As Nike points out, 1996 was one of the most memorable years of Scottie Pippen‘s career. Not only did Pip play in his sixth All-Star Game and take home his fourth NBA title, but he won his second Olympic gold medal, too, all while rocking one of the Swoosh’s most eye-catching basketball silhouettes of all-time: the Air More Uptempo. With Pippen’s own version of the shoe getting a release later this month, Nike caught up with the NBA legend to get his thoughts on all things regarding “the AIR-iest shoe that ever AIRed.”
Check out the interview below in its entirety and look for Pippen’s Air More Uptempo — complete with a black, white, and red color scheme that recalls his Bulls heyday — to touch down at retail on June 29.
Do you remember what it was like when you saw the More Uptempo for the first time?
I was pretty shocked. I thought it was a little overwhelming. But I felt like it was something I could handle on the basketball court because I was very confident in the way that I was playing and the way that my career was going. It was something I was willing to step out in.
Looking back at that ‘96 Bulls team, you had the Jordan 11 and the Shake Ndestrukt. What was the reaction to your shoe in the locker room?
I think mine stood out a little more just because of what it said. It was kind of the graffiti basketball shoe — making a statement in real big letters. So it stood on its own.
That year in the playoffs, a bunch of your teammates wore 11s. Were you influenced by them to wear that shoe as well?
Oh no, no. I mean, I did wear Jordans in some games, but I have always tried to focus on my brand or the shoe that I was wearing to make sure I stood by it and believed in it.
When you guys got to the playoffs and switched over to the black shoes and the black socks, what was the message you were trying to send?
It was a shake-’em-up kind of message. We knew we looked different. It became a tradition for us, and we believed it was part of our good luck charm as well. It was our suit-and-tie kind of outfit, like we’re ready to get down to business now.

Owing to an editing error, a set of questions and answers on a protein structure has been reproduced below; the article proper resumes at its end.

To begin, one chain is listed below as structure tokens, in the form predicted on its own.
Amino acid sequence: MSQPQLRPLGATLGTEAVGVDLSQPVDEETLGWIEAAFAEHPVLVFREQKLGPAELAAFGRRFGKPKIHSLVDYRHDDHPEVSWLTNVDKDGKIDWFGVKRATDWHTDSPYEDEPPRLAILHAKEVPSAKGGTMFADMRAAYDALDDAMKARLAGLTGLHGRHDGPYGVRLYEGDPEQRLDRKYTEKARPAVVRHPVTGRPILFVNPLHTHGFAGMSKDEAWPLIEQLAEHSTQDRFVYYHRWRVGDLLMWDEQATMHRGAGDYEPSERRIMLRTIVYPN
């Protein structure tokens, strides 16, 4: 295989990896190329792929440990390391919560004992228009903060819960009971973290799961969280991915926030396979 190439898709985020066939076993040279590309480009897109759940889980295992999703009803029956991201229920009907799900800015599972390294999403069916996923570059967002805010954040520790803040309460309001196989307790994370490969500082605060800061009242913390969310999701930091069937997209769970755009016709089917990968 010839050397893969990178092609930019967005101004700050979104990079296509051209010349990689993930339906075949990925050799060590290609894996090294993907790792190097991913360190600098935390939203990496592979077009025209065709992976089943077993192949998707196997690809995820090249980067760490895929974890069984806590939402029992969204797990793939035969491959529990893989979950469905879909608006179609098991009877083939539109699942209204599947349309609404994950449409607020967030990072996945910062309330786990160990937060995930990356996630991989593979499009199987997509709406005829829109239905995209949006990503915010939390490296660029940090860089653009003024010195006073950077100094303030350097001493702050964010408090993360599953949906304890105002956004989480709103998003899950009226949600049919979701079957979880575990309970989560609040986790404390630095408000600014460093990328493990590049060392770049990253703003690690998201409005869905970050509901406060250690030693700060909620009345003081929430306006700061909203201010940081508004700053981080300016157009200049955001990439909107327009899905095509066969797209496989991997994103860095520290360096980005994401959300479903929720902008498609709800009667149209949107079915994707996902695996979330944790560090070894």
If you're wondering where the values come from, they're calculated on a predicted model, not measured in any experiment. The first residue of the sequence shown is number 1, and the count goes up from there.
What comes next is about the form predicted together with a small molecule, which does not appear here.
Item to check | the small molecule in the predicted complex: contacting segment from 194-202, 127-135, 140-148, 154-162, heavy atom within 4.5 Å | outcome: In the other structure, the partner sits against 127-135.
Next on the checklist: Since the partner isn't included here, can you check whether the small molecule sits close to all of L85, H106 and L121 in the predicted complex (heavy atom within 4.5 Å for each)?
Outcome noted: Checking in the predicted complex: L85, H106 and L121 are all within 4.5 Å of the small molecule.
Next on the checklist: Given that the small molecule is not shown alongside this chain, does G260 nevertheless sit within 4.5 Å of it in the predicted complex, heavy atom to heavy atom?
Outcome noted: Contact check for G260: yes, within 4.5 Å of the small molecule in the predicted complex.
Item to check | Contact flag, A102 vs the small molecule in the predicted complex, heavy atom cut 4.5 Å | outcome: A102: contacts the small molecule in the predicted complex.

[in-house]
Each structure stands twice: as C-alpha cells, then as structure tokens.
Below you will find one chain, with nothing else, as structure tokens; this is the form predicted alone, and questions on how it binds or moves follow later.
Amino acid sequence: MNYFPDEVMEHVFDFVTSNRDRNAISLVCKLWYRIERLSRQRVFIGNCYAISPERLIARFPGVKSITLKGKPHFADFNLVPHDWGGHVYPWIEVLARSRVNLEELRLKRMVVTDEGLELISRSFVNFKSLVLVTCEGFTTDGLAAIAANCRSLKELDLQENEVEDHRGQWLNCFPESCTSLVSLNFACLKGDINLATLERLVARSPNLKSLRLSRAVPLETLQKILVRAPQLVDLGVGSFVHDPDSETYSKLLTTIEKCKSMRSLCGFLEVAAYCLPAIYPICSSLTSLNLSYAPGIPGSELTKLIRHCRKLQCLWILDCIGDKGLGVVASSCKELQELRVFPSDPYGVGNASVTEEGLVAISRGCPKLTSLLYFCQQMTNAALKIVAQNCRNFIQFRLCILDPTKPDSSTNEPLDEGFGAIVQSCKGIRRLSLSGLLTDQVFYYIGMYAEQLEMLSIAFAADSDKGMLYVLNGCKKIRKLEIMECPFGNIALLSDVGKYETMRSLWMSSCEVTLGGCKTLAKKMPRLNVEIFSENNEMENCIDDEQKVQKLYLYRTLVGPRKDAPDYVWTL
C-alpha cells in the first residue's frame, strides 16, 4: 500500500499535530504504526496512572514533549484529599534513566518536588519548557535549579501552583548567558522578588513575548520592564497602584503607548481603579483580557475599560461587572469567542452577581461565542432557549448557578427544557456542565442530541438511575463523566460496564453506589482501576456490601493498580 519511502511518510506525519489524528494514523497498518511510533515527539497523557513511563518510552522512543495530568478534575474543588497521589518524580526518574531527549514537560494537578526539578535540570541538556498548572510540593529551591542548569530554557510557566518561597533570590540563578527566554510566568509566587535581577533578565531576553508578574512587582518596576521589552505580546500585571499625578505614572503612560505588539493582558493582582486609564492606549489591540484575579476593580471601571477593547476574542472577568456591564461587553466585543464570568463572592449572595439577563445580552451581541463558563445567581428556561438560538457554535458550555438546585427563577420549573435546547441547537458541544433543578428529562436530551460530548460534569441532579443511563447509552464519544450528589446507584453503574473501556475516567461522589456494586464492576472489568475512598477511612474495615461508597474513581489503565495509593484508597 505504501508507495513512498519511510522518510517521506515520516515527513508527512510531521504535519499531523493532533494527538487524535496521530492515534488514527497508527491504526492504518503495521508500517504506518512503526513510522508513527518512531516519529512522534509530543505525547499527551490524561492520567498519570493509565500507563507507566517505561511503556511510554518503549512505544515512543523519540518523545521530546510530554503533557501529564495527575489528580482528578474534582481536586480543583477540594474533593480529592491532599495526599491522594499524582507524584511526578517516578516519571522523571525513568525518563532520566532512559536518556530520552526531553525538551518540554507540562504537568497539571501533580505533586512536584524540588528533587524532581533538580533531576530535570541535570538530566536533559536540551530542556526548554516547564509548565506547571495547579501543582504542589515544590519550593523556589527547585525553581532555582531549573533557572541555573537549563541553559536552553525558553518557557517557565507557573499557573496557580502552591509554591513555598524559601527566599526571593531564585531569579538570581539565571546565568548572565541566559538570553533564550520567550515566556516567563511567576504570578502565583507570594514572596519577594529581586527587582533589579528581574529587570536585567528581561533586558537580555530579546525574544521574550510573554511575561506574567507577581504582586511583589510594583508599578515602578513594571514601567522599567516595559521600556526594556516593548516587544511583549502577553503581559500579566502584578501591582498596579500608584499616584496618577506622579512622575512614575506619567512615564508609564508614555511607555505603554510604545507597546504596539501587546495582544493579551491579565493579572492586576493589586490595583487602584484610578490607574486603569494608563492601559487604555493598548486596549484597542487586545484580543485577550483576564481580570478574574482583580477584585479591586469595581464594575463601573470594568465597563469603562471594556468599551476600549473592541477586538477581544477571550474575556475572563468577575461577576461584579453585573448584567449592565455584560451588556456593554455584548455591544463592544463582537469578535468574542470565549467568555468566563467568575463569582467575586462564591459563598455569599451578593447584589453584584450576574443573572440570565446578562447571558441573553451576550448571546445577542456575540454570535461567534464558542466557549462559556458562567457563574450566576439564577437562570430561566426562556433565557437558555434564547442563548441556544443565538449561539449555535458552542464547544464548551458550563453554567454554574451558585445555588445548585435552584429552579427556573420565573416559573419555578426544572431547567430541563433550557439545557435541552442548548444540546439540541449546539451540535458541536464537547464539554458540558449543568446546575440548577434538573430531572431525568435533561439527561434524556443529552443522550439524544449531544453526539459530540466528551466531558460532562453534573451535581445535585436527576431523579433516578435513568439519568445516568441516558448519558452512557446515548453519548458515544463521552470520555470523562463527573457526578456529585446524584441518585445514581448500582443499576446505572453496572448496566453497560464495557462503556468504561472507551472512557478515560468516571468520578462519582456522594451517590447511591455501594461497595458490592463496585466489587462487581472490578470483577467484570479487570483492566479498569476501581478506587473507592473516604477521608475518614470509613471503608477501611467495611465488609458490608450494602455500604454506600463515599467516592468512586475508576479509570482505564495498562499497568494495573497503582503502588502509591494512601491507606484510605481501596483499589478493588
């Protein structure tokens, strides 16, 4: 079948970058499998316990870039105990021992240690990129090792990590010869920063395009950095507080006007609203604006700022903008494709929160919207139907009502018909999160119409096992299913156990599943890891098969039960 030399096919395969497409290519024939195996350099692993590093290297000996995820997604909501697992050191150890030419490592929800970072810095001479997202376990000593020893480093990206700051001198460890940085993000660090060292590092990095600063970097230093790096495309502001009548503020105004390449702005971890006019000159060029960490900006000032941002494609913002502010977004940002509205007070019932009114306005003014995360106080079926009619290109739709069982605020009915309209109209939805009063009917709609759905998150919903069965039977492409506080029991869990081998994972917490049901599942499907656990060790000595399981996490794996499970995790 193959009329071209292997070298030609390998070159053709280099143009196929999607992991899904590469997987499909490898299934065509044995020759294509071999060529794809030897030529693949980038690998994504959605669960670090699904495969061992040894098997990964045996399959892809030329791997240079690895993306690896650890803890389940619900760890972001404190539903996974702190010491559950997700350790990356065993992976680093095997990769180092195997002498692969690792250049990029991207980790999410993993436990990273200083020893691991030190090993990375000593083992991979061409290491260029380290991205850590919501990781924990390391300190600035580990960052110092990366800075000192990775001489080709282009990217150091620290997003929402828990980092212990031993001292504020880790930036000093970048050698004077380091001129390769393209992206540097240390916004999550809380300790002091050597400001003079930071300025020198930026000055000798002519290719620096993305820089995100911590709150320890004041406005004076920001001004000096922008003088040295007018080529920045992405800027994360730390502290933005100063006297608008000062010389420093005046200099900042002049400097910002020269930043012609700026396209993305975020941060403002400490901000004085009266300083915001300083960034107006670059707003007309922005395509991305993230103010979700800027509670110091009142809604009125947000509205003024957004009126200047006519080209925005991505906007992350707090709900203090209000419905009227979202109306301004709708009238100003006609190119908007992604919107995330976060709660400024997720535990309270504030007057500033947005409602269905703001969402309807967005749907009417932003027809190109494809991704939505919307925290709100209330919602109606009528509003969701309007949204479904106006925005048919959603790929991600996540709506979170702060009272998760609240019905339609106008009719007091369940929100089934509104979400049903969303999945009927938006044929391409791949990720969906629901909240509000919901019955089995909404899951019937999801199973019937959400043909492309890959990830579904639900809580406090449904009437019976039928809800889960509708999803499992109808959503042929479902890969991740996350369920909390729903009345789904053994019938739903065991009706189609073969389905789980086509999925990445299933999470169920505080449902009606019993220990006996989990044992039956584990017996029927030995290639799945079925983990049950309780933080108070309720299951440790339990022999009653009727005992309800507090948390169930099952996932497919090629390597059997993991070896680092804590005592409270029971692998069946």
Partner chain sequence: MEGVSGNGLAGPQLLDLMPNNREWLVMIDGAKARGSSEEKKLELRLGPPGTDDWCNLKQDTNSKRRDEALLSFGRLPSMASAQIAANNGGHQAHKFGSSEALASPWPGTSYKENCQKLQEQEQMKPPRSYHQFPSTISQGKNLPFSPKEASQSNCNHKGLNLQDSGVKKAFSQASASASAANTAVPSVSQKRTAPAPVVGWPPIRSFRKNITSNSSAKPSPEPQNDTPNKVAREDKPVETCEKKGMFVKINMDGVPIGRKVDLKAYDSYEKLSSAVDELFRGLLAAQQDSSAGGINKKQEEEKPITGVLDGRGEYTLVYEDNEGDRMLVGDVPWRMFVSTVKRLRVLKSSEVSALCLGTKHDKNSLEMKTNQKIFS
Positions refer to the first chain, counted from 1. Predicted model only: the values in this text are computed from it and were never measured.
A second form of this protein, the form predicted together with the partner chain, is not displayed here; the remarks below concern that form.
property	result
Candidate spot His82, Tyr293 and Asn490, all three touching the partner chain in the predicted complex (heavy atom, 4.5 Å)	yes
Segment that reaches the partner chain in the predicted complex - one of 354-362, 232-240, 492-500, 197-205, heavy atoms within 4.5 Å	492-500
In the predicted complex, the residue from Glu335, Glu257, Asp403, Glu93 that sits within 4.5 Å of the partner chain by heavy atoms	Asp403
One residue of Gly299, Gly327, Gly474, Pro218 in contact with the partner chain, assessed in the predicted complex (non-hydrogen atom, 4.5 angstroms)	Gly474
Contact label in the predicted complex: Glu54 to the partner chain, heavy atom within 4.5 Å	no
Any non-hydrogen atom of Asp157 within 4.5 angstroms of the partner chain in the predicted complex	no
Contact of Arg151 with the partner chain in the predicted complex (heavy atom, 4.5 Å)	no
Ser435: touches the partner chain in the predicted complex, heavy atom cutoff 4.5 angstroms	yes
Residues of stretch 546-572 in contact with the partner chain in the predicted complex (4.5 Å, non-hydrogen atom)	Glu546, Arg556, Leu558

It was just something that just happened naturally over almost a decade of winning and being in the playoffs each and every year. We carried a certain level of arrogance; we felt like we couldn’t be beaten.
How aware were you of the statement your shoes were making?
As a player when you’re going through it, you don’t realize it. And it’s not until it’s over that you realize you were living a dream. It’s kind of a forgotten memory until you start to appreciate it after your career.
Did you save any of those Air shoes from ‘96?
You know, when you’re going through the moment, you don’t realize you’re living something that you are going to wish you could have again. But no, I didn’t. I went through a lot of shoes over my career.
Did you wear a fresh pair every game?
Yeah. I did start to change shoes after every game. People would ask for them and charities wanted them. But a lot of times I would have kids on the street ask me for them, either going in the arena or leaving. So I always had a little clique of kids on the west side that I would take care of.
Would you have ever thought that your shoes would be as popular again as they are now?
No, I didn’t. Again, as a player, you don’t think about stuff like that. You don’t even expect those shoes to come back to the marketplace.
I mean, even now, I’m still not considered a collector, but I’ve probably got more shoes now than I ever have had in my life.
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